Man who handed out wrong Oscar card was told not to tweet during show

To tweet or not to tweet? That has become the question.

All eyes are suddenly on PricewaterhouseCoopersaccountant Brian Cullinan, who mistakenly handed the wrong envelope to Warren Beatty and Faye Dunaway just before the epic bungling of the Oscars best picture announcement Sunday. Moments prior, Cullinan tweeted a backstage photo of Emma Stone

Was that a breach of protocol?

Yes, USA TODAY has learned. PwC's public relations team was told in advance what Cullinan’s media protocol could be for the day, according to a person familiar with the situation but unauthorized to speak publicly about it.

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Cullinan was permitted to tweet up until he arrived to the red carpet – say, getting into the car with his secure briefcase. But once Cullinan was on site, he was asked to refrain from social media until the broadcast ended.
That has led many to wonder if Cullinan was distracted during a crucial telecast moment.

What we do know is that PwC has taken responsibility for the flub, which left confused La La Land producers onstage thanking the academy when really, the prize belonged to Moonlight.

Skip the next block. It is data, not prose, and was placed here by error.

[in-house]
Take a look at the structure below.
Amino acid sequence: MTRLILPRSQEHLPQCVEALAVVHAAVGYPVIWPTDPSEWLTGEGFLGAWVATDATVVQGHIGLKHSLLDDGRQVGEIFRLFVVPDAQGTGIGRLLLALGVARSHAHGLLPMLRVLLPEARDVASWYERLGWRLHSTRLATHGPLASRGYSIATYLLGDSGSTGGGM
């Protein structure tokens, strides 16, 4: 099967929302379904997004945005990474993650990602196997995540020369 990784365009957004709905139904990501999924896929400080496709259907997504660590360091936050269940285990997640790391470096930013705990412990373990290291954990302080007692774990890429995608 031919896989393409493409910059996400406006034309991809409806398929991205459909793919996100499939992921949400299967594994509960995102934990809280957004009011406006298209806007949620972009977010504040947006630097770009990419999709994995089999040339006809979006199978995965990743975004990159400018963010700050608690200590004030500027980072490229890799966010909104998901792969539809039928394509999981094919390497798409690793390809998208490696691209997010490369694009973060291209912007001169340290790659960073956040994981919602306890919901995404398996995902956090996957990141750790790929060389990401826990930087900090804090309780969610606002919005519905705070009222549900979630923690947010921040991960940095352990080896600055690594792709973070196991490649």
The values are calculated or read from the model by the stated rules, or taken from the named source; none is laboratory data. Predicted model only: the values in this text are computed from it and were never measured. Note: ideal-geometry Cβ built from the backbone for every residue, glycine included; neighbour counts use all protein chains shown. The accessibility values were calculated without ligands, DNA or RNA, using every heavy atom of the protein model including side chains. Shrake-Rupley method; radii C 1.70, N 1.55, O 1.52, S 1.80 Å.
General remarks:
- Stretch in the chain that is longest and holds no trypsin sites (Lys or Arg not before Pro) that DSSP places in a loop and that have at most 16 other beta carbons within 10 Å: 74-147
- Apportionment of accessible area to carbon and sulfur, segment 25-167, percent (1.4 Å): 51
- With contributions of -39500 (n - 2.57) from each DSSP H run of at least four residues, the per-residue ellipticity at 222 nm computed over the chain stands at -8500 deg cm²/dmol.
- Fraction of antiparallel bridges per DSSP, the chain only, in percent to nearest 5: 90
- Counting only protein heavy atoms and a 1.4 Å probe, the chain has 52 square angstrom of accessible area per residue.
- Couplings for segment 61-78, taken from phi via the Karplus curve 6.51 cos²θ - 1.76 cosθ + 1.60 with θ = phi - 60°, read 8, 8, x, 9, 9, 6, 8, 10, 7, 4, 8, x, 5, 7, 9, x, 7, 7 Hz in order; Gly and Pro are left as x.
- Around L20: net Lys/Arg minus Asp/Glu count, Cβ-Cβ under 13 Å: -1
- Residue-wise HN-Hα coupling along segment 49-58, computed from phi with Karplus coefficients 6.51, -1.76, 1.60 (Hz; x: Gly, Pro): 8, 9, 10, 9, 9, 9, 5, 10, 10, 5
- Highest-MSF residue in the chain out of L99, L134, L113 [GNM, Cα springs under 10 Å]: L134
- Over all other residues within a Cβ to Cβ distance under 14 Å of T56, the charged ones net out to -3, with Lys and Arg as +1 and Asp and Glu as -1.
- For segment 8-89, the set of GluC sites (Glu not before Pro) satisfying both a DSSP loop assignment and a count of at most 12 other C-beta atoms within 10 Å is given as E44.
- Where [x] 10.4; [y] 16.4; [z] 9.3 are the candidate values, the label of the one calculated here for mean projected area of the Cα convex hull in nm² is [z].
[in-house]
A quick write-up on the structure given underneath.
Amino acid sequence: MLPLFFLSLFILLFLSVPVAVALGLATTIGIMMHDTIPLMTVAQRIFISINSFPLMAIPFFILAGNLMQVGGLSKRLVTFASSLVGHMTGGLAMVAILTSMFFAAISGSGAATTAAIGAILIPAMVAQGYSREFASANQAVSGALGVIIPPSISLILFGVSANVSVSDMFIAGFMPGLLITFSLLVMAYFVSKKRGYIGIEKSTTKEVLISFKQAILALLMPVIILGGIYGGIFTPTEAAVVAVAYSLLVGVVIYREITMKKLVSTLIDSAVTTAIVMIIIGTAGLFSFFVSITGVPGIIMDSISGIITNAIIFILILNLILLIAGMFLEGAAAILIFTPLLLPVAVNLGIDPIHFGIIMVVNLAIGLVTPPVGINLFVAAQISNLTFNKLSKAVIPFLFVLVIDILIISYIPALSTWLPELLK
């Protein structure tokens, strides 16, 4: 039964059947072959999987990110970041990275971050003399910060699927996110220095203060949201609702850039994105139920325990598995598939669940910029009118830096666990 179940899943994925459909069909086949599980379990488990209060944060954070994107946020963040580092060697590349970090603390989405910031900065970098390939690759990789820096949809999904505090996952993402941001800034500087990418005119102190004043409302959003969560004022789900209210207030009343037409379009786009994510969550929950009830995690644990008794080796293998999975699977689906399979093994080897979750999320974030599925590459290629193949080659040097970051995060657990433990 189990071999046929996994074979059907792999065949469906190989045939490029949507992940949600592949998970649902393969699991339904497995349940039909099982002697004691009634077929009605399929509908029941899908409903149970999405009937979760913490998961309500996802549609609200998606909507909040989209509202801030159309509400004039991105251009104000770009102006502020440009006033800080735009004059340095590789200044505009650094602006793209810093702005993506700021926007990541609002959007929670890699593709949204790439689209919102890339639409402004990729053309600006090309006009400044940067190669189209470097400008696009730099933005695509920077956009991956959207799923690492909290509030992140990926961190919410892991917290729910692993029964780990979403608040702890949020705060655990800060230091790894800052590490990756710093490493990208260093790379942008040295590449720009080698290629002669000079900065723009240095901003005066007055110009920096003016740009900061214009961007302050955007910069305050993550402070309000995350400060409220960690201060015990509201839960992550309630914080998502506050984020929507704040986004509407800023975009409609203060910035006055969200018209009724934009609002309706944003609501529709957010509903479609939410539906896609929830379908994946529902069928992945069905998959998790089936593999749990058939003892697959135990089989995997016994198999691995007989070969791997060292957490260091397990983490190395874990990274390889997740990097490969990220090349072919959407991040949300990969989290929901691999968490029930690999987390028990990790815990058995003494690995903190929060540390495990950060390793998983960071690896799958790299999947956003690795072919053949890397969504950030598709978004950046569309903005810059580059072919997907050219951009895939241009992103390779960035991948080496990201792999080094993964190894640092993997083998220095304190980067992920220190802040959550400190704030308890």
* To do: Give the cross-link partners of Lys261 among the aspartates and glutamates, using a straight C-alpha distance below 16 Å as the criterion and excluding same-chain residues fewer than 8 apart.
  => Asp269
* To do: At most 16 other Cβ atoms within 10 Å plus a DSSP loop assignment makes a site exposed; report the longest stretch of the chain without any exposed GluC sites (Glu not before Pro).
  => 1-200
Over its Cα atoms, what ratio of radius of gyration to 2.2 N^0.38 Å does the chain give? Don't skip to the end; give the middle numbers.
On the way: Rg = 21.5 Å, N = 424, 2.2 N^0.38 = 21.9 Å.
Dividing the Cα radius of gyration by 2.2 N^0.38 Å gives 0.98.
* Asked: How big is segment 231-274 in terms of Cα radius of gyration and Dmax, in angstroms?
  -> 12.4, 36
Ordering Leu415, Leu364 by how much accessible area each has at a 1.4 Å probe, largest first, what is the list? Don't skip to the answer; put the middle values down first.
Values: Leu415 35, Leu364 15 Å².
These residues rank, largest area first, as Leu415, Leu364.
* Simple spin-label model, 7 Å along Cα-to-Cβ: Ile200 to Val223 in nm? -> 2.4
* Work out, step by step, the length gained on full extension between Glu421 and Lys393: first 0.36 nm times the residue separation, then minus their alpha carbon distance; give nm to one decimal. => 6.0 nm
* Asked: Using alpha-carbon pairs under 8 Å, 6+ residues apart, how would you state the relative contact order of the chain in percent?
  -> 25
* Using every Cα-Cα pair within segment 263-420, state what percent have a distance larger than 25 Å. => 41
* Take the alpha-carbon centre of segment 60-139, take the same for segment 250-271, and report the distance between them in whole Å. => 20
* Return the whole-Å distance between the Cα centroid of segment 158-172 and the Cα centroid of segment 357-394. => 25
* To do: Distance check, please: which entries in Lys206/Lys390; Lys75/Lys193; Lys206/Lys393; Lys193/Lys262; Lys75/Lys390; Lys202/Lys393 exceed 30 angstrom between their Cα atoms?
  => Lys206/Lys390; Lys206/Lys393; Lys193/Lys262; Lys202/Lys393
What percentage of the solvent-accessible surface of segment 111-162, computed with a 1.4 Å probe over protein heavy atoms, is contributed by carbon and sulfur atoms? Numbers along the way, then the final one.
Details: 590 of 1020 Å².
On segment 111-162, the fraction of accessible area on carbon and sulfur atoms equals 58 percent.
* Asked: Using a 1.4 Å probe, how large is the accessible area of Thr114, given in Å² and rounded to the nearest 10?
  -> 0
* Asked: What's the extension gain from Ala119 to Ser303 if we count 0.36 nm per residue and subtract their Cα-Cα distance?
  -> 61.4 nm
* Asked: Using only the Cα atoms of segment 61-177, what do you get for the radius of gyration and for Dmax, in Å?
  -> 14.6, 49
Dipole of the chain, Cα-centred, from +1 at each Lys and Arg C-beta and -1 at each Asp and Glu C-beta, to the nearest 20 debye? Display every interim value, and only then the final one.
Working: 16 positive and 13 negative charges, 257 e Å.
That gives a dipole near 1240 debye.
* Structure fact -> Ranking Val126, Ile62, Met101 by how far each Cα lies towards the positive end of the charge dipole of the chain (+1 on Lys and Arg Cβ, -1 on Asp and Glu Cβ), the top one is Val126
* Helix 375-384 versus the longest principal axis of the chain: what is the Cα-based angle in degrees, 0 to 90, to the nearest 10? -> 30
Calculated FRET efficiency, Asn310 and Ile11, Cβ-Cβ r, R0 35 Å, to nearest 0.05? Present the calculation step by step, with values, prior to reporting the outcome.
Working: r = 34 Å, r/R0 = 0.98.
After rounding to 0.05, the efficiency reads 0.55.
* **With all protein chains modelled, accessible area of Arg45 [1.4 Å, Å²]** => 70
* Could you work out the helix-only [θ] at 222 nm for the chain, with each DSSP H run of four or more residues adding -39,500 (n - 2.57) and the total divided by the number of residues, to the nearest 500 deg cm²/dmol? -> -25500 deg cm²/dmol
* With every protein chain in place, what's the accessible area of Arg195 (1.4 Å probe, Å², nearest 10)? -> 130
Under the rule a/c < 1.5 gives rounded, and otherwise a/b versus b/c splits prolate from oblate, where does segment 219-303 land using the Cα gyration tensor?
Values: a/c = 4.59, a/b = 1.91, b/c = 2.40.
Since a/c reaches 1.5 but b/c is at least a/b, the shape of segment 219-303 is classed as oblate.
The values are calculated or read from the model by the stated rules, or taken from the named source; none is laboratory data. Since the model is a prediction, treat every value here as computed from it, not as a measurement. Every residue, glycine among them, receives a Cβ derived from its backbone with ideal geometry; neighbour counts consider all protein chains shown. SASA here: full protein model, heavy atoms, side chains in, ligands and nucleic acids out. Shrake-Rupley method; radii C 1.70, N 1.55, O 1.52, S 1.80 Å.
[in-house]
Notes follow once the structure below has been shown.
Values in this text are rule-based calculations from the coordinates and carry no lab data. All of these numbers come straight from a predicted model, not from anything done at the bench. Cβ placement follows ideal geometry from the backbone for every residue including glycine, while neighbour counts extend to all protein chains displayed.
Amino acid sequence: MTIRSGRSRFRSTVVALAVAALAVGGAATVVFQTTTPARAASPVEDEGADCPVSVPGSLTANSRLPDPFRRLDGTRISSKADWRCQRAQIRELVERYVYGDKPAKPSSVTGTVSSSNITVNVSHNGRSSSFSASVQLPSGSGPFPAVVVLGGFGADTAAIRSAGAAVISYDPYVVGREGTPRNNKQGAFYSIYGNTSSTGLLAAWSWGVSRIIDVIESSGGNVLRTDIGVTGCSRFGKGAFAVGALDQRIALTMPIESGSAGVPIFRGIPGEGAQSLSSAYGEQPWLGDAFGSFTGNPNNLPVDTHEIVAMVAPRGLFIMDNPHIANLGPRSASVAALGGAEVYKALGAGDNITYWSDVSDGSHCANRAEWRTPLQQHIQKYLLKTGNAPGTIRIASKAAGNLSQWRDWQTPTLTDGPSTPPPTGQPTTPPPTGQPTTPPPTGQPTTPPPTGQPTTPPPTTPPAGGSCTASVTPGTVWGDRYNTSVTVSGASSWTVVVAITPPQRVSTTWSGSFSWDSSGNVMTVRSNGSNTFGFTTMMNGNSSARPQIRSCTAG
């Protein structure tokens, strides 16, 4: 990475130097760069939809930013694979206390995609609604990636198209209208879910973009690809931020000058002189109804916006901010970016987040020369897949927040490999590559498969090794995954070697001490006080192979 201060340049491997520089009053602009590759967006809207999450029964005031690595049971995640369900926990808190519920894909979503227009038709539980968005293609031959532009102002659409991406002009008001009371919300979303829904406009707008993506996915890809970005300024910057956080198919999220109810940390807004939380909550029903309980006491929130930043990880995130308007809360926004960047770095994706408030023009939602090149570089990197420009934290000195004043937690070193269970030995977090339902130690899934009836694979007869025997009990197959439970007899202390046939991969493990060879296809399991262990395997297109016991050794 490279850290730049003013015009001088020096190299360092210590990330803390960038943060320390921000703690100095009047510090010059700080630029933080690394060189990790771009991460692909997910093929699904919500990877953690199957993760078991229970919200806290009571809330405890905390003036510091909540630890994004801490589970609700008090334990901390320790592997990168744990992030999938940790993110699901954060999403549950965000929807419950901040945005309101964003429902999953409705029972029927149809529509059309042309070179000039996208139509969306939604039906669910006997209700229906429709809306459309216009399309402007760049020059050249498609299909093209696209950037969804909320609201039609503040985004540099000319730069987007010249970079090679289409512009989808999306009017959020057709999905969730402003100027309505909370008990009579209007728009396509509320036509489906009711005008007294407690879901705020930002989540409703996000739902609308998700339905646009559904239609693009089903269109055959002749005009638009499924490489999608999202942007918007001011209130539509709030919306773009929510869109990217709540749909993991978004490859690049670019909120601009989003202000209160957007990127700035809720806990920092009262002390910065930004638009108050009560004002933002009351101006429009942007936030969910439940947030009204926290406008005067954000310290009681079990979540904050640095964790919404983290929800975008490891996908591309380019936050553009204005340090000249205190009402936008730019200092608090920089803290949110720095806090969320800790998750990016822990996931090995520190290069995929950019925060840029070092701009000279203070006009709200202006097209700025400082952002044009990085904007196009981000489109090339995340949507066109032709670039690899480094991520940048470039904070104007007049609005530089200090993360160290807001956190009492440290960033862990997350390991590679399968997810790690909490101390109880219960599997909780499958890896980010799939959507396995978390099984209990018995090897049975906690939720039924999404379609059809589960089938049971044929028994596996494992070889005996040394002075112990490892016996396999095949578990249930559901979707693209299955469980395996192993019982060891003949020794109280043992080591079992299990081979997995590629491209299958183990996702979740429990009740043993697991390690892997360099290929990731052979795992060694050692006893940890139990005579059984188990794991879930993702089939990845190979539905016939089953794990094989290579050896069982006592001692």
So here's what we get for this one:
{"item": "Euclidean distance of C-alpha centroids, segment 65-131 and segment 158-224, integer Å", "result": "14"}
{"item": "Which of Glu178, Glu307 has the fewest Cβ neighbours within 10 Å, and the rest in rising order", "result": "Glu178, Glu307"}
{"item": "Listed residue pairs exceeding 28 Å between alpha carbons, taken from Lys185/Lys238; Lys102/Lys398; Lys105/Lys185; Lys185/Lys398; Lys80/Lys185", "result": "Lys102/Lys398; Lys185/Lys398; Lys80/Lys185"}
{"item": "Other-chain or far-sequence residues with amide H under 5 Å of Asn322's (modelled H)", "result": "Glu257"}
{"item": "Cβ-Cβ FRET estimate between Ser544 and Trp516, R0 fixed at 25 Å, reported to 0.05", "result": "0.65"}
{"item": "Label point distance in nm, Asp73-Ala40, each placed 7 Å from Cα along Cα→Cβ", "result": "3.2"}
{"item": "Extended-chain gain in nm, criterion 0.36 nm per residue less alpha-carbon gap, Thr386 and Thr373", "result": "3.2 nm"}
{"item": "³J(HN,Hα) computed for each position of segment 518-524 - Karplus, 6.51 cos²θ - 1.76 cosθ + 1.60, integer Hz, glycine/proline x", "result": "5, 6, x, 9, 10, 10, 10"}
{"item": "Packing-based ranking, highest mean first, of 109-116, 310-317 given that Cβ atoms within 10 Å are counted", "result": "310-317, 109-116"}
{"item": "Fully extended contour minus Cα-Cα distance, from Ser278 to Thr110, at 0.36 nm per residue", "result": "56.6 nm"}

Here's how the worst flub in Oscar history went down

PwC called the mistake "a human error" saying Cullinan, a managing partner at the firm (and an Oscars show veteran who has shared photos on Twitter during the telecast in the past), "handed the wrong envelope to Warren Beatty," mistakenly subbing in Stone's spare best actress card, which had already been given out on the other side of the stage (PwC prints two sets).

Still, questions persist about how that was possible, given the history of care those envelopes are given backstage. It's brought increased attention to Cullinan's Twitter account, and the now-deleted smiling photo of Stone holding her award backstage around 9:05 p.m PT, minutes before the gaffe heard 'round the world.

Journalists are also prohibited from tweeting photos from backstage.

PwC declined to comment for this story.

Academy apologizes for Oscars best picture fiasco, vows 'action'

The status of the academy's 83-year relationship with the accounting firm after the mix-up remains unclear. Late Monday, the academy released a statement apologizing to those involved and vowing to "determine what actions are appropriate going forward."

"We are unwaveringly committed to upholding the integrity of the Oscars," the academy statement concluded.

(© 2017 USA TODAY)


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